SeaWorld San Diego said it's investigating what caused an iconic ride to lose power Sunday, leaving dozens of riders stranded for hours hundreds of feet off the ground.
The 48 people on the Skytower were lowered to safety just before 7:30 p.m., nearly four hours after the ride became suspended about 220 feet in the air.
One man told NBC 7 that being stuck high in the air with his two young kids and dozens of others was terrifying.
The man asked not to be identified by name. He said the information he received from the park and emergency crews was intermittent at best.
"We didn't know if and when we were getting down or if we should be worried for our safety, given that this thing could or could not snap," he said.
A teenage boy was taken to the hospital for anxiety, according to San Diego Fire Department spokesman Lee Swanson.
SeaWorld technicians ended up fixing the problem, but the fire department was put on stand-by.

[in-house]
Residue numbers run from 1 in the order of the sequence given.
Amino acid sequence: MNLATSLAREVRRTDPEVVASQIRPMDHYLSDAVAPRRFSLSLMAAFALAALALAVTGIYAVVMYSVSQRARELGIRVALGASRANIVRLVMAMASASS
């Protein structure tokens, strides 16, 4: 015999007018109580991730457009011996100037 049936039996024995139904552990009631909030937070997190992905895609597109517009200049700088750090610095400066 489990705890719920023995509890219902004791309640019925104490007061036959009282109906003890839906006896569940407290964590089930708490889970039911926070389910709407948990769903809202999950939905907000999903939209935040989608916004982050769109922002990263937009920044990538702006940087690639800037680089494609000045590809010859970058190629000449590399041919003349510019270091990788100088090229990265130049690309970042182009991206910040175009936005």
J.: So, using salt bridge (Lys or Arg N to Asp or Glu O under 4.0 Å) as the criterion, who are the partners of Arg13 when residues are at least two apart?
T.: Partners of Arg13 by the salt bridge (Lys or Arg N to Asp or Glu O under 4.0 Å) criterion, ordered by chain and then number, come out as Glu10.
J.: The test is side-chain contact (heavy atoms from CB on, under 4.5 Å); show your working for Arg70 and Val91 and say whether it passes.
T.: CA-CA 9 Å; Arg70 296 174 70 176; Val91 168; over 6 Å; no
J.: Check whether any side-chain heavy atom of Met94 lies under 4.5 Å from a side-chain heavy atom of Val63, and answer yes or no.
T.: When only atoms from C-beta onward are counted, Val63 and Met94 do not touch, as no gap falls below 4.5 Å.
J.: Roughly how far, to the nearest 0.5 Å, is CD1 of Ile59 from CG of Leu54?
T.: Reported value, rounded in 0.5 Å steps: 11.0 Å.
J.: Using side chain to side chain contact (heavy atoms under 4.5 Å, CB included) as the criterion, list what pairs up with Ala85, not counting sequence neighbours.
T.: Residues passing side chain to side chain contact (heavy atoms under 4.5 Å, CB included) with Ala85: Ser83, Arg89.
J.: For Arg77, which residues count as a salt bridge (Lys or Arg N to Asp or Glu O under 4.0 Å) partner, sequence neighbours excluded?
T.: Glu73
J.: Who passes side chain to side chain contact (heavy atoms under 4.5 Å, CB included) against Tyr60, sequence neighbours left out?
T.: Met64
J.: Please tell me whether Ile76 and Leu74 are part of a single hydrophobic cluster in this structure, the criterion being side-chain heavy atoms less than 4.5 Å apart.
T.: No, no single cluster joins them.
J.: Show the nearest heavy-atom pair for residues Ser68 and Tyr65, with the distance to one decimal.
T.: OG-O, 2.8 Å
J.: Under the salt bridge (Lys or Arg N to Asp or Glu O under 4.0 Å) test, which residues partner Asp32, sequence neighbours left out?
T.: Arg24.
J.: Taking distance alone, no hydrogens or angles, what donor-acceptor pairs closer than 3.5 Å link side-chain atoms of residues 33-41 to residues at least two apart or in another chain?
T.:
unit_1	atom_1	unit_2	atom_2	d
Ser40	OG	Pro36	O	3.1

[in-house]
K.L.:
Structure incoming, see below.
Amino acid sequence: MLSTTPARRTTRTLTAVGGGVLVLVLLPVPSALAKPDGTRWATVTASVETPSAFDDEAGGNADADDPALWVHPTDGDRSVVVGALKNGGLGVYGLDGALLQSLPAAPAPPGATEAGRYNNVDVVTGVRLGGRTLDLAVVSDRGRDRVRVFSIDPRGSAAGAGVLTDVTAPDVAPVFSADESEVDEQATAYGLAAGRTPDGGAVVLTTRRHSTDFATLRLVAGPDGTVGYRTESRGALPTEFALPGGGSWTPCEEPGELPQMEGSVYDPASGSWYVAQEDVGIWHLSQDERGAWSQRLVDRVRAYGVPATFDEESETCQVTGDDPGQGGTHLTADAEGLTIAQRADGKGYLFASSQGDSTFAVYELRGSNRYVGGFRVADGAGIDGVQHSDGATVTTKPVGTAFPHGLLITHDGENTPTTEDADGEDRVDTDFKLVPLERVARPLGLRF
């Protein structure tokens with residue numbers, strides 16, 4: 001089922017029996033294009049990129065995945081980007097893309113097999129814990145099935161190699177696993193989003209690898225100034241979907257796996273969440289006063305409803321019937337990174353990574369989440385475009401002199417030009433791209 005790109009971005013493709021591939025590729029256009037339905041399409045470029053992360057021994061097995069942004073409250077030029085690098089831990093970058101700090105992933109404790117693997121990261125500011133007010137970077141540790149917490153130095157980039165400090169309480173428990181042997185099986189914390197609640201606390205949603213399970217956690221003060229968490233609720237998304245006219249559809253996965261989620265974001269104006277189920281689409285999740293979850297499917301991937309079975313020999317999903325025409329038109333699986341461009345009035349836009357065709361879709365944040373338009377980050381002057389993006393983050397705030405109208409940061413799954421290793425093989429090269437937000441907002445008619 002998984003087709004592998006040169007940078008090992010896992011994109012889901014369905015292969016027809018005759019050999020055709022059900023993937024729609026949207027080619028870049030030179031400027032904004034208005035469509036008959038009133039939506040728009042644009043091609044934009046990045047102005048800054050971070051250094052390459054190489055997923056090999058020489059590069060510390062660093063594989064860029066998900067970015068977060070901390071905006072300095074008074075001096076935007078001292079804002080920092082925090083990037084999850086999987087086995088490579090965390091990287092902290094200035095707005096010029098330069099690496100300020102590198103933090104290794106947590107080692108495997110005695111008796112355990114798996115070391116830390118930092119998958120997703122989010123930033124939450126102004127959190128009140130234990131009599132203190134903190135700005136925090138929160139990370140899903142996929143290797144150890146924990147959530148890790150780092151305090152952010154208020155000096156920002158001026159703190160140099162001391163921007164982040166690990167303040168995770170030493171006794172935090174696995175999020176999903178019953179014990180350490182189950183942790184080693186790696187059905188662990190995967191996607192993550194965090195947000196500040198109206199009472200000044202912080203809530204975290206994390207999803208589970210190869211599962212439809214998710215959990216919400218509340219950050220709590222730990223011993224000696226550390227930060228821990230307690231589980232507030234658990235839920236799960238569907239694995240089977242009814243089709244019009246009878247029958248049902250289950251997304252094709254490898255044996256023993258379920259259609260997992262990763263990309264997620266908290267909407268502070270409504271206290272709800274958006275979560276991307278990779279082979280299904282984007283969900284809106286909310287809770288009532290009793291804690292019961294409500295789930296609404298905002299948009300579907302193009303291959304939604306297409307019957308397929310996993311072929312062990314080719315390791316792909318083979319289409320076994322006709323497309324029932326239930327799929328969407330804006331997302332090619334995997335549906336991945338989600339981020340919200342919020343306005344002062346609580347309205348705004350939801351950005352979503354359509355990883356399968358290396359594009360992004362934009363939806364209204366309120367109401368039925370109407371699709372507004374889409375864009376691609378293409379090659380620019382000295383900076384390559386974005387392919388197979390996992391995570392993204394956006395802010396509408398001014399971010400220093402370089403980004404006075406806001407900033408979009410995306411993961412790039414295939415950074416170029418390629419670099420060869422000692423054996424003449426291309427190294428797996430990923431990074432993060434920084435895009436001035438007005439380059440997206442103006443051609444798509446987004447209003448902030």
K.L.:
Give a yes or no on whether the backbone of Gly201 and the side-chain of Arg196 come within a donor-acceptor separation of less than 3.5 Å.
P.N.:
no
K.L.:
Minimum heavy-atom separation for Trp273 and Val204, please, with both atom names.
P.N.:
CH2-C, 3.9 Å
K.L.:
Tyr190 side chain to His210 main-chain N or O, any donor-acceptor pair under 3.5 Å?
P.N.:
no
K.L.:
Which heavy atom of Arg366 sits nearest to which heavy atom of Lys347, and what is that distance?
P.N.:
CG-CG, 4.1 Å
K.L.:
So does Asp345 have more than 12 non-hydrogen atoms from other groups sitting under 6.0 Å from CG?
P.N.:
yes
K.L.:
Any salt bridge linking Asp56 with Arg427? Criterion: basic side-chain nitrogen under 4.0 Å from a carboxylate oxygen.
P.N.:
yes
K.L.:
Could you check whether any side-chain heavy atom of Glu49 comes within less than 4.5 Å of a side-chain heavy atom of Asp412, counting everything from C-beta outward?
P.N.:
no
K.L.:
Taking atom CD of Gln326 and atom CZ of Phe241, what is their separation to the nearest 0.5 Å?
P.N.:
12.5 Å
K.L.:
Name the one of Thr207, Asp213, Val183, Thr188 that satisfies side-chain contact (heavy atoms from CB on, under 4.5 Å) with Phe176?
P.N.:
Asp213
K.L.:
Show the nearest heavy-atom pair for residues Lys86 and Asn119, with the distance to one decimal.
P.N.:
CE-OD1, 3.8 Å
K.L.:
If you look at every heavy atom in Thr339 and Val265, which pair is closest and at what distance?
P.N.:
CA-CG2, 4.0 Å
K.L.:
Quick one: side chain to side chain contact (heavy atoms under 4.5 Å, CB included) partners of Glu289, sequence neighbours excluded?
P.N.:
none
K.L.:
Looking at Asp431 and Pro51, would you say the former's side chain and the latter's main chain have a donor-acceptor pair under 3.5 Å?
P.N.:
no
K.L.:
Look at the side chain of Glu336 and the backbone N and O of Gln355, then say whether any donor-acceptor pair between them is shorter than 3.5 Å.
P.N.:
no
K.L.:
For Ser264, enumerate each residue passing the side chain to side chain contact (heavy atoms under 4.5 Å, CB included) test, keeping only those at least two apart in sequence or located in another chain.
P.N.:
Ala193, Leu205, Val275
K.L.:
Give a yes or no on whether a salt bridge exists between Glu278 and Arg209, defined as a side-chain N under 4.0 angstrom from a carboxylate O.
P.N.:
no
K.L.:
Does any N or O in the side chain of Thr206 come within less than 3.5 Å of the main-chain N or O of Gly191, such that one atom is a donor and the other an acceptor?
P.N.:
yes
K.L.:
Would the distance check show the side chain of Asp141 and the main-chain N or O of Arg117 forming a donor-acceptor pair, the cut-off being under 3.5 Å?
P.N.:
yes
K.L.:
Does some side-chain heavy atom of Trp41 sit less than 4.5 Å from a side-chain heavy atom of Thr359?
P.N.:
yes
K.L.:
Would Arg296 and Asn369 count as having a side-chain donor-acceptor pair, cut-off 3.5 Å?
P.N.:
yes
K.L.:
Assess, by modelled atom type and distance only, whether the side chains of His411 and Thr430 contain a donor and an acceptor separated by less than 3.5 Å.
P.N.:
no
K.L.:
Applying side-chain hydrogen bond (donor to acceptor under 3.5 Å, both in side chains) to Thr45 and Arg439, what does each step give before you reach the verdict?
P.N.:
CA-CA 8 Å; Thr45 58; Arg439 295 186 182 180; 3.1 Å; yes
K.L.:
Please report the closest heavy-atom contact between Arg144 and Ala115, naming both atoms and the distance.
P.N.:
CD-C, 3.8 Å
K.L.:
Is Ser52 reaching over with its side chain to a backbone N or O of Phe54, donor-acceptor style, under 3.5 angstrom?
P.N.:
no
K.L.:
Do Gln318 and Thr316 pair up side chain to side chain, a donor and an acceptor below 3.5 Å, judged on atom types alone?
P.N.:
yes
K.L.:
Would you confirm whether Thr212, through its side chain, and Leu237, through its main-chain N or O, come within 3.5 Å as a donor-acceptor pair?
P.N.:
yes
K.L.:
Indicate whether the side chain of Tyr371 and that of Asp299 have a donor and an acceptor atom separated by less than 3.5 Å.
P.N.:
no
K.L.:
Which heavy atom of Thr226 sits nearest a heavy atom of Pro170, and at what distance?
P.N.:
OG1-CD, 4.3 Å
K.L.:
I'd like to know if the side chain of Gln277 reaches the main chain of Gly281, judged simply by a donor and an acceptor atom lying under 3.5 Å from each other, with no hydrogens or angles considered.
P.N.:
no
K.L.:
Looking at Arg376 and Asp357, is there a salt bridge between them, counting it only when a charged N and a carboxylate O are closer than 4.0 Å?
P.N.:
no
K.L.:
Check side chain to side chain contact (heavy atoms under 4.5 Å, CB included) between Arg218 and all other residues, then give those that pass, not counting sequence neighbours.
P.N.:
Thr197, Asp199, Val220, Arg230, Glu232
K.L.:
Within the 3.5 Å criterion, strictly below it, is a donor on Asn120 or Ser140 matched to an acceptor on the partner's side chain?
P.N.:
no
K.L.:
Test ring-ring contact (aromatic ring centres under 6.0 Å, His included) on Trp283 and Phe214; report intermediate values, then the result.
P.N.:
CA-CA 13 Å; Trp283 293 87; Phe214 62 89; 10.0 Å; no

Swanson said firefighters train to rescue people from the Skytower at least once a year, but have never had to do it.
SeaWorld spokesman David Koontz released the following statement Sunday night:
U.S. & World
SeaWorld's San Diego's Skytower ride experienced a power failure this afternoon. With guest safety as our top priority, park engineers spent four hours trouble-shooting the problem before restoring power to the Skytower and safely returning the 46 guests to the ride loading area. The guests were never in danger and park officials were in constant communication with them while the power failure was being addressed. Two SeaWorld employees were also in the Skytower providing guests with water and snacks. The San Diego Fire Department was on scene, however, there was no requirement for an emergency evacuation. We greatly appreciate the patience of our guests, and they received return admission and other park amenities. The cause of the power failure is under investigation.
Riders received return admission to the park and what was described as other amenities. They were also fed after they were rescued.
The Skytower raises riders hundreds of feet in the air and slowly spins to show panoramic views of San Diego.